Why Change is Difficult
As the leader of a business, you are constantly strategizing, setting direction, and pushing for improvements – many of which don’t “stick” or arrive at all. What is completely clear to you, may not have trickled down in the organization to the front line where improvements actually take place. When you need improvements, it is up to you to ensure everybody who plays a part is sufficiently motivated to change the way they work; this requires thoughtful planning, engagement and communication. It is not enough to set targets and align people’s professional goals with hitting those targets. Your people need to understand where they are, where they need to be, why things aren’t good enough and what steps they need to take to get there. Commanding change is simply not a winning strategy.
Why can’t you just set targets? Take a personal example; Is just saying you want to lose 25 pounds and stepping on the scale every day enough to make you change your habits to hit your goal? For some people, perhaps it is, but data alone is not a strategy. If changing were that easy, most of us would be in great shape mentally, physically and financially. We would always eat well, exercise for five hours a week, read rather than watching television, and save enough for our future. However, many of us don’t actually live up to our potential. We lack the motivation from the dissatisfaction and discipline required to overcome our current habits to make all the lasting changes we might hope for, and as we all know, hope is not a strategy.
Organizational Change is difficult because it requires personal buy-in. There is no magic bullet which will get you there, and the combination of individual changes which need to occur are far beyond the scope of your ability to personally communicate. You must set in motion a plan to assure engagement and therefore create trickle down buy-in. Our approach.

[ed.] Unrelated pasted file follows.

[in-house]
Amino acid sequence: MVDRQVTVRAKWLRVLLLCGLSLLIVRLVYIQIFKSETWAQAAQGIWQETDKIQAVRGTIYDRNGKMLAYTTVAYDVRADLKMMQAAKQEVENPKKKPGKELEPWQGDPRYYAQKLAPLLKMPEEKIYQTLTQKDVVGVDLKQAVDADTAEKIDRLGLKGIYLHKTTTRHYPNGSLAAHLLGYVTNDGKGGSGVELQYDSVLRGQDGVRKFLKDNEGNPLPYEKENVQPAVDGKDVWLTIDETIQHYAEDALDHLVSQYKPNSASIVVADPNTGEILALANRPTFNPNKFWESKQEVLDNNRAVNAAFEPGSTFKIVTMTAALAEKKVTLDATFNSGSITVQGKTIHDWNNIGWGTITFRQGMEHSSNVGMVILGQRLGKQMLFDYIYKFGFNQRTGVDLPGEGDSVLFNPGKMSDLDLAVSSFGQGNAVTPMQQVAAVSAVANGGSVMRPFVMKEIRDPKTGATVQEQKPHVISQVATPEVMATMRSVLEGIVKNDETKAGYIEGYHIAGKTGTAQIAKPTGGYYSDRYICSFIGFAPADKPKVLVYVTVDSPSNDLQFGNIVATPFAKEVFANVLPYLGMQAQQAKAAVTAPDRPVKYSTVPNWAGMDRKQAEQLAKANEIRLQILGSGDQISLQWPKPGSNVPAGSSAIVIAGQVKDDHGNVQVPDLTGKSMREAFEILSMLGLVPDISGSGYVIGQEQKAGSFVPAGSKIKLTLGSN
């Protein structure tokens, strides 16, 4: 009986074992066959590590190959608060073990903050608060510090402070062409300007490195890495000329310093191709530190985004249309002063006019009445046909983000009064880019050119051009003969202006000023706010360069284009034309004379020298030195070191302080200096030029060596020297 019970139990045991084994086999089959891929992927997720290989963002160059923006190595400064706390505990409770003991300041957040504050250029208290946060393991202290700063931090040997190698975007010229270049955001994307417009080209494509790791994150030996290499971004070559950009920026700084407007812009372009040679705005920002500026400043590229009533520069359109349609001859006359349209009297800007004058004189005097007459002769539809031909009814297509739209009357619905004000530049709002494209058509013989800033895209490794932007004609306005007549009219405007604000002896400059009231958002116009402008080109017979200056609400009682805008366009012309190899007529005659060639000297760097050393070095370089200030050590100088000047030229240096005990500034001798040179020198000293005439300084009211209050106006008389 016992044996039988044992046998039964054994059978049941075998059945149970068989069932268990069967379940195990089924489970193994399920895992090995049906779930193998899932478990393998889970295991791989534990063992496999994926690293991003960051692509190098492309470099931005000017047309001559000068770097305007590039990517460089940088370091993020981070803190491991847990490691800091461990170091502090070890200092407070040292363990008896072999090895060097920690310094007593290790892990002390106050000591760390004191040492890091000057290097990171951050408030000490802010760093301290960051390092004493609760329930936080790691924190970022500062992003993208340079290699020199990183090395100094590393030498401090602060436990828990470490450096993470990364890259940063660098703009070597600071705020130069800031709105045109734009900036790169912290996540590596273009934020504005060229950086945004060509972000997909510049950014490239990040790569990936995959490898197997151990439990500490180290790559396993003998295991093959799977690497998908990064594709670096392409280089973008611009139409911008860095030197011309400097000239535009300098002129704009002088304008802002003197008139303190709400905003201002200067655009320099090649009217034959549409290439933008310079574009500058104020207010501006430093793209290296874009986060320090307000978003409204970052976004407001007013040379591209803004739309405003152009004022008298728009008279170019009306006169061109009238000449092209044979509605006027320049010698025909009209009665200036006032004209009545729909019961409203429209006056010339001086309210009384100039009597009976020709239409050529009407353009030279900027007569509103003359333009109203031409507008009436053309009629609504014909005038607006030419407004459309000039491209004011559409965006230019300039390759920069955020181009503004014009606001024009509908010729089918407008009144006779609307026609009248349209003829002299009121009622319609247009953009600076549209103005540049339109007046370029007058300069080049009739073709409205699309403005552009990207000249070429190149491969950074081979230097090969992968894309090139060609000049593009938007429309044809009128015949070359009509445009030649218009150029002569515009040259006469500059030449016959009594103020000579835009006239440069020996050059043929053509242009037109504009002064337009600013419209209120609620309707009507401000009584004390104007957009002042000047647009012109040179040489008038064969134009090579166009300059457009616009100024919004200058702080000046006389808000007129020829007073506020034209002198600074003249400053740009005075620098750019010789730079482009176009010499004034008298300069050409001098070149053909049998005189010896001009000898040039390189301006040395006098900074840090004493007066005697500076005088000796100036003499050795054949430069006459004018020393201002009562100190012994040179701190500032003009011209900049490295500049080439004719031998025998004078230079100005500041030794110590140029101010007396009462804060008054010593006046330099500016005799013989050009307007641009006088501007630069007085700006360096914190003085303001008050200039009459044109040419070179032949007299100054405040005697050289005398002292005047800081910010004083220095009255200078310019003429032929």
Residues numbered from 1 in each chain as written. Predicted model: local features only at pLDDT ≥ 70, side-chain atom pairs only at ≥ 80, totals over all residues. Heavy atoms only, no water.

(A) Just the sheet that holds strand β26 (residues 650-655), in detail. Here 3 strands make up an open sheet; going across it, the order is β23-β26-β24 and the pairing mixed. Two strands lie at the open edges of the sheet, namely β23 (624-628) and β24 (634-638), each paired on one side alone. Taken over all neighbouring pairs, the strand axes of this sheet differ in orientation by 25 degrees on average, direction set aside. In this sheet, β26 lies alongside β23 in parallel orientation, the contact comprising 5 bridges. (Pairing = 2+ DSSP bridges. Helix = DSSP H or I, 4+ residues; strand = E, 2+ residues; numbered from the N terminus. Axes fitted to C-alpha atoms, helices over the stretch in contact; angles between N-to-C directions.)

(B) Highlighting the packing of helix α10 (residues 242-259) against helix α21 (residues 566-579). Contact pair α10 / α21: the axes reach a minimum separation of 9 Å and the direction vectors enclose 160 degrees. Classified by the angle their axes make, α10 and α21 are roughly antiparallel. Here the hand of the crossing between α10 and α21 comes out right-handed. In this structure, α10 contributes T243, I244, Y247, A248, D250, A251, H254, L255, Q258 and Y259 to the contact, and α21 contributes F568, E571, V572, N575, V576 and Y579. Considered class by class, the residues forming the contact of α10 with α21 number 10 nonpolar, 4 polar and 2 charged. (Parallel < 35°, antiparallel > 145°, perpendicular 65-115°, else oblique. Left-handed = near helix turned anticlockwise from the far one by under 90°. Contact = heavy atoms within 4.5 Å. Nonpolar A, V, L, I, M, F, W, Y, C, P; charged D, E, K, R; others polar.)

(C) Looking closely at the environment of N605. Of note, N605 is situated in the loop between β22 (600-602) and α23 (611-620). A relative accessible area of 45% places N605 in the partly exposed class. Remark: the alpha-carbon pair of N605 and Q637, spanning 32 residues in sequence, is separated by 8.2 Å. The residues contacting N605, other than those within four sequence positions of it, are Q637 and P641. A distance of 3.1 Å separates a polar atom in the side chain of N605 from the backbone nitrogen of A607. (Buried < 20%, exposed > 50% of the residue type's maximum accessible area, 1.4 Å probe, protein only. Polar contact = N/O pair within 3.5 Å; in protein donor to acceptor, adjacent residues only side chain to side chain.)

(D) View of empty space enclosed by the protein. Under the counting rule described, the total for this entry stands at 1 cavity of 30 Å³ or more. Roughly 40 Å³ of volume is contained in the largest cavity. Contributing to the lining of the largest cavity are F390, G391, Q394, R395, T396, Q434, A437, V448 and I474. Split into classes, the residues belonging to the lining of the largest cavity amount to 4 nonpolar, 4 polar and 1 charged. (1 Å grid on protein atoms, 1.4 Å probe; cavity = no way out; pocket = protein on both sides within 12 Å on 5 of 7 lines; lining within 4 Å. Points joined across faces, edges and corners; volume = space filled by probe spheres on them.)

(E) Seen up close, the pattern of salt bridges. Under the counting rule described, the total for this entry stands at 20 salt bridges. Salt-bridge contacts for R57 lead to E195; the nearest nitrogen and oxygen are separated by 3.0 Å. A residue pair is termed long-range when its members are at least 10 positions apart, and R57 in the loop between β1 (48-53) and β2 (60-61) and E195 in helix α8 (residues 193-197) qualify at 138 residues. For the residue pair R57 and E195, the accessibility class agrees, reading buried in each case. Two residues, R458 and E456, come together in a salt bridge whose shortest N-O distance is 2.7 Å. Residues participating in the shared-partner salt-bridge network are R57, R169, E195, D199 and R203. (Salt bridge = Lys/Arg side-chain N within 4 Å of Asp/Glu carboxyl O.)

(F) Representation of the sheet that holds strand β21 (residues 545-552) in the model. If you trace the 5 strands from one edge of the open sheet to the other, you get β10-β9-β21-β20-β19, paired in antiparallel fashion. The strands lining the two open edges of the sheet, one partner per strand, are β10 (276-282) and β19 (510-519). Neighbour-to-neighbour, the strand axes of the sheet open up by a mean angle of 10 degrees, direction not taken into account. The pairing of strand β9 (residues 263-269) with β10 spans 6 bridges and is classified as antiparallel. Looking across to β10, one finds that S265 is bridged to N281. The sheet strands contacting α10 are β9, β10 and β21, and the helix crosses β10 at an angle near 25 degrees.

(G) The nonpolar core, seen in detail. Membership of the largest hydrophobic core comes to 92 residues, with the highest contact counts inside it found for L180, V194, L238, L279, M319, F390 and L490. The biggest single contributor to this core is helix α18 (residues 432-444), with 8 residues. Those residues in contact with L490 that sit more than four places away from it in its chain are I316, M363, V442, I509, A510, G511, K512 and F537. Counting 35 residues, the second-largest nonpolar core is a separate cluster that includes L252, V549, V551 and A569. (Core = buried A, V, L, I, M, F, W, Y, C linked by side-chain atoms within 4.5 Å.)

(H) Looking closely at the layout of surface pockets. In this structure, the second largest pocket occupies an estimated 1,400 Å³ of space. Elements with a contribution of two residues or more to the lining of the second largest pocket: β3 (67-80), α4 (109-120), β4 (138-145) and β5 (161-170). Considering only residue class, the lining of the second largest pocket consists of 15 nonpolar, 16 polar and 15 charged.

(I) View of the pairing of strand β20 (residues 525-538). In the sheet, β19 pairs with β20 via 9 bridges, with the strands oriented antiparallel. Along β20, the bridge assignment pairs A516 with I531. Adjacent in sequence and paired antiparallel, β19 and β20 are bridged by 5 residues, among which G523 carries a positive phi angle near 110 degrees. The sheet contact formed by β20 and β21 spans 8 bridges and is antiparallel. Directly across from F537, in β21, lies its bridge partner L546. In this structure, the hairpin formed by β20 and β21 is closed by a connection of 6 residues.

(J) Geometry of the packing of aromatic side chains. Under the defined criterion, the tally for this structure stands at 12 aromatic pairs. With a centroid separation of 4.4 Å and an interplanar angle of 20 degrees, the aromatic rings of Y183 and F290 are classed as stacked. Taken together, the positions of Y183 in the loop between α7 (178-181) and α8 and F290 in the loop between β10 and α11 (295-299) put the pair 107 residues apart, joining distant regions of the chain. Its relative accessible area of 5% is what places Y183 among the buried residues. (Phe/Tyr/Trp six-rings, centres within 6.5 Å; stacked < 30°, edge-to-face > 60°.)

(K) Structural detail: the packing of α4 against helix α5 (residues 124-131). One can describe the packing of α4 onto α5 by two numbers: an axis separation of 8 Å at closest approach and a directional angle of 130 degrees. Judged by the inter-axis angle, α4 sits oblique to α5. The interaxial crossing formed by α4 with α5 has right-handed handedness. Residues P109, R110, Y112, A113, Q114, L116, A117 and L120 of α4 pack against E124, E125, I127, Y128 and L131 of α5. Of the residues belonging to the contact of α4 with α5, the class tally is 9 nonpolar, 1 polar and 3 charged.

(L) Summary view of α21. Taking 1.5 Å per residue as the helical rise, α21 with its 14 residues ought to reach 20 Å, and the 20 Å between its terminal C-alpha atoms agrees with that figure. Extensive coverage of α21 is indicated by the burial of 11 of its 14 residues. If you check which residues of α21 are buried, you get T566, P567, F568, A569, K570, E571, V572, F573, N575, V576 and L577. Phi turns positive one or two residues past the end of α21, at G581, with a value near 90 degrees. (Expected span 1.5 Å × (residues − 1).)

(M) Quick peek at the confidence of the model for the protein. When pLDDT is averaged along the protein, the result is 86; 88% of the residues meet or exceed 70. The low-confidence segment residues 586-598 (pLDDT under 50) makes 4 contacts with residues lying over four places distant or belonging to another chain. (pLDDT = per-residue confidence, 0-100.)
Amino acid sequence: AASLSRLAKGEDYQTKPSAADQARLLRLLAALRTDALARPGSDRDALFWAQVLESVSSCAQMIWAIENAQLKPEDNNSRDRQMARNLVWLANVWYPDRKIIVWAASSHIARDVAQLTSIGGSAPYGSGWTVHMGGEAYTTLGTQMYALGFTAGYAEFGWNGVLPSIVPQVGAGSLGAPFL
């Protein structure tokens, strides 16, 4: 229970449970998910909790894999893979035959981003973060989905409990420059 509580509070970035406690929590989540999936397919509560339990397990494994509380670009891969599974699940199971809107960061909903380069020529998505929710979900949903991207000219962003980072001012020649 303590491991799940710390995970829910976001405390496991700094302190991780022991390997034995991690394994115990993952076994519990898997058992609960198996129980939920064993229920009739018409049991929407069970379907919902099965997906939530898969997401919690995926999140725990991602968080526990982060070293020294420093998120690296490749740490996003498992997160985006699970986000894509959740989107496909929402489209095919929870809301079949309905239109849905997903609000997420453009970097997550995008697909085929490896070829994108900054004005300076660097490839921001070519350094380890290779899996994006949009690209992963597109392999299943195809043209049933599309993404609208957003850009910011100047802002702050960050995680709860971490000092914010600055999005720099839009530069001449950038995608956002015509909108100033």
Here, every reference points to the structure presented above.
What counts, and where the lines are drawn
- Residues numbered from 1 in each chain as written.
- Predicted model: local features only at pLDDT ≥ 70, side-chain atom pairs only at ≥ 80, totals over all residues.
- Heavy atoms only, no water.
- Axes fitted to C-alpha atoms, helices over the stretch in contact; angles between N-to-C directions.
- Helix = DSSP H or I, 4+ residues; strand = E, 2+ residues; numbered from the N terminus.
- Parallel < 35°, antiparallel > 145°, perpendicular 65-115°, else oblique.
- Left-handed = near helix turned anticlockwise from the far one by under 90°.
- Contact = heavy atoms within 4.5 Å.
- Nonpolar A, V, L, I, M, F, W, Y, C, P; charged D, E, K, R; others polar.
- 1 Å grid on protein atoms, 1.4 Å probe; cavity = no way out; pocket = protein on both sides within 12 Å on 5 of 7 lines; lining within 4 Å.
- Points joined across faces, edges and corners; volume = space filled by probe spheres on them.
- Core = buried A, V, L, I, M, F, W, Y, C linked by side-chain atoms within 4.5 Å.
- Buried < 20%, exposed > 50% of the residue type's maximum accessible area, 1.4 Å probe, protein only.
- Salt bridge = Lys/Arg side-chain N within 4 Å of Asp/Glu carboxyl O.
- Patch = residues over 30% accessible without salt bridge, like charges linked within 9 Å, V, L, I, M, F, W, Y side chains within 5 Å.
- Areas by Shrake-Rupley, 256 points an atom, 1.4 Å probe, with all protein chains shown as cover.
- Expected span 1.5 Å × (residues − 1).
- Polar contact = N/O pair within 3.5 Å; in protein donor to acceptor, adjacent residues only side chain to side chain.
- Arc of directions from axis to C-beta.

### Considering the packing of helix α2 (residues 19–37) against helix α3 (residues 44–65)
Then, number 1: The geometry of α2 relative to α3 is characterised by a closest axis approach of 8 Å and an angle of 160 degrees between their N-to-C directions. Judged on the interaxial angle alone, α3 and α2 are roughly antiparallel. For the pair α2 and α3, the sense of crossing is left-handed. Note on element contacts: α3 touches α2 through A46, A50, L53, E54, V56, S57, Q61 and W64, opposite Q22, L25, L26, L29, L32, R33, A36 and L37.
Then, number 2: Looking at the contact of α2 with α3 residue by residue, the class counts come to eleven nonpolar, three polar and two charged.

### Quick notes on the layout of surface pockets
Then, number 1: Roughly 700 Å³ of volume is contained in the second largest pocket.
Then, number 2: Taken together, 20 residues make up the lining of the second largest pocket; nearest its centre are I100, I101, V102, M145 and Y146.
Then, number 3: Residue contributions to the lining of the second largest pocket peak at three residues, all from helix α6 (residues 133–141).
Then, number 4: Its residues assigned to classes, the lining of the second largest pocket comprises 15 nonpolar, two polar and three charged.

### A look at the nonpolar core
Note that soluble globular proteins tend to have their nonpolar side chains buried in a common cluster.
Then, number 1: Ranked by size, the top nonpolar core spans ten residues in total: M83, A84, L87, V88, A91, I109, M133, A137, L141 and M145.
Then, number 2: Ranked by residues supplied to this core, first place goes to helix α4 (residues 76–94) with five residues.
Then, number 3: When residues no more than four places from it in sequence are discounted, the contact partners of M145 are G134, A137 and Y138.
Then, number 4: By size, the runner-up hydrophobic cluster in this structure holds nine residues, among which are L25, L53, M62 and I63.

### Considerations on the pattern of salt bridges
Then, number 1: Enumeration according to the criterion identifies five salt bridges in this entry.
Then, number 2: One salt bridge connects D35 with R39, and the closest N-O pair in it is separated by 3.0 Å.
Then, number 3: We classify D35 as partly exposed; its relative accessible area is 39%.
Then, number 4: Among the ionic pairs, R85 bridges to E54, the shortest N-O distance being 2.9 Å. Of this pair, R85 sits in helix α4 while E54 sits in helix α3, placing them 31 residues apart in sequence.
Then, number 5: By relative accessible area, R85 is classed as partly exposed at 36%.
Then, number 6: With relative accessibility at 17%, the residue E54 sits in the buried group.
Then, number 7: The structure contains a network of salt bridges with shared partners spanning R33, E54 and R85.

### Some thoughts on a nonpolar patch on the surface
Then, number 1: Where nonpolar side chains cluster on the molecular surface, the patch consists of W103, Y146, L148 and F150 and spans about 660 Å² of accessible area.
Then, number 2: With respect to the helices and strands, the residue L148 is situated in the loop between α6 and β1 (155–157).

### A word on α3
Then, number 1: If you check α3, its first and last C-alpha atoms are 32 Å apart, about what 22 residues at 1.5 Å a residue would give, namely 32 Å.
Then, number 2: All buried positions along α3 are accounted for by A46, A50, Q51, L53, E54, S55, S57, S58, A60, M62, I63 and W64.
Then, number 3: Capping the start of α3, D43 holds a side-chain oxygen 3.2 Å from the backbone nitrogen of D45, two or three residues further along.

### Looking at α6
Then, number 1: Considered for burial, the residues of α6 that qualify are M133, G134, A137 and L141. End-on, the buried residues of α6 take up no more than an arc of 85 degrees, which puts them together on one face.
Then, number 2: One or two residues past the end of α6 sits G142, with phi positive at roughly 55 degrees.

Developing a strategy with V x D x KS > R
Vision x Dissatisfaction x Knowledge of Steps > Resistance to Change
Ask yourself several questions:
Who needs to change and what do they need to change? Are they motivated to change?
Do they understand “what good looks like”?
Do they understand where they currently stand? Do they feel this is “good enough”?
Do they know what steps they would have to take to close the gap? Are any of these steps too scary to take?
The first question shows you where to focus your efforts because you will identify those individuals who need to change yet are not motivated to do so. The remaining three questions address the drivers of the individual’s motivation or lack thereof.
Keep reminding yourself along the way that if you can create interventions to keep your people focused on the vision, personally dissatisfied with the current state and give them an environment where they feel they can take risks, you will close the gap.
V x D x KS > R is an adaption of Kathie Dannemiller's Change Formula: D x V x F > R where D is Dissatisfaction with the way things are, V is Vision of what is possible, F is First steps which can be taken toward the vision, and R is Resistance. Dannemiller's Change Formula is itself an adaption of David Gleicher's (Published by Beckhard & Harris) Formula For Change: C = (ABD) > X where C is Change, A is Dissatisfaction with the Status Quo, B is the Understood Desired State, D is Practical Steps towards the Desired State, and X is "Cost" of changing. Link to Beckhard & Harris' book Organizational Transitions: Managing Complex Change (2nd ed 1987)
James Elliott is a Client Partner at Evolve Partners. He has worked in super-major Oil & Gas companies for the last four years helping his clients discover, plan, implement, track and sustain improvements with a facilitative approach designed to build capability and personal ownership.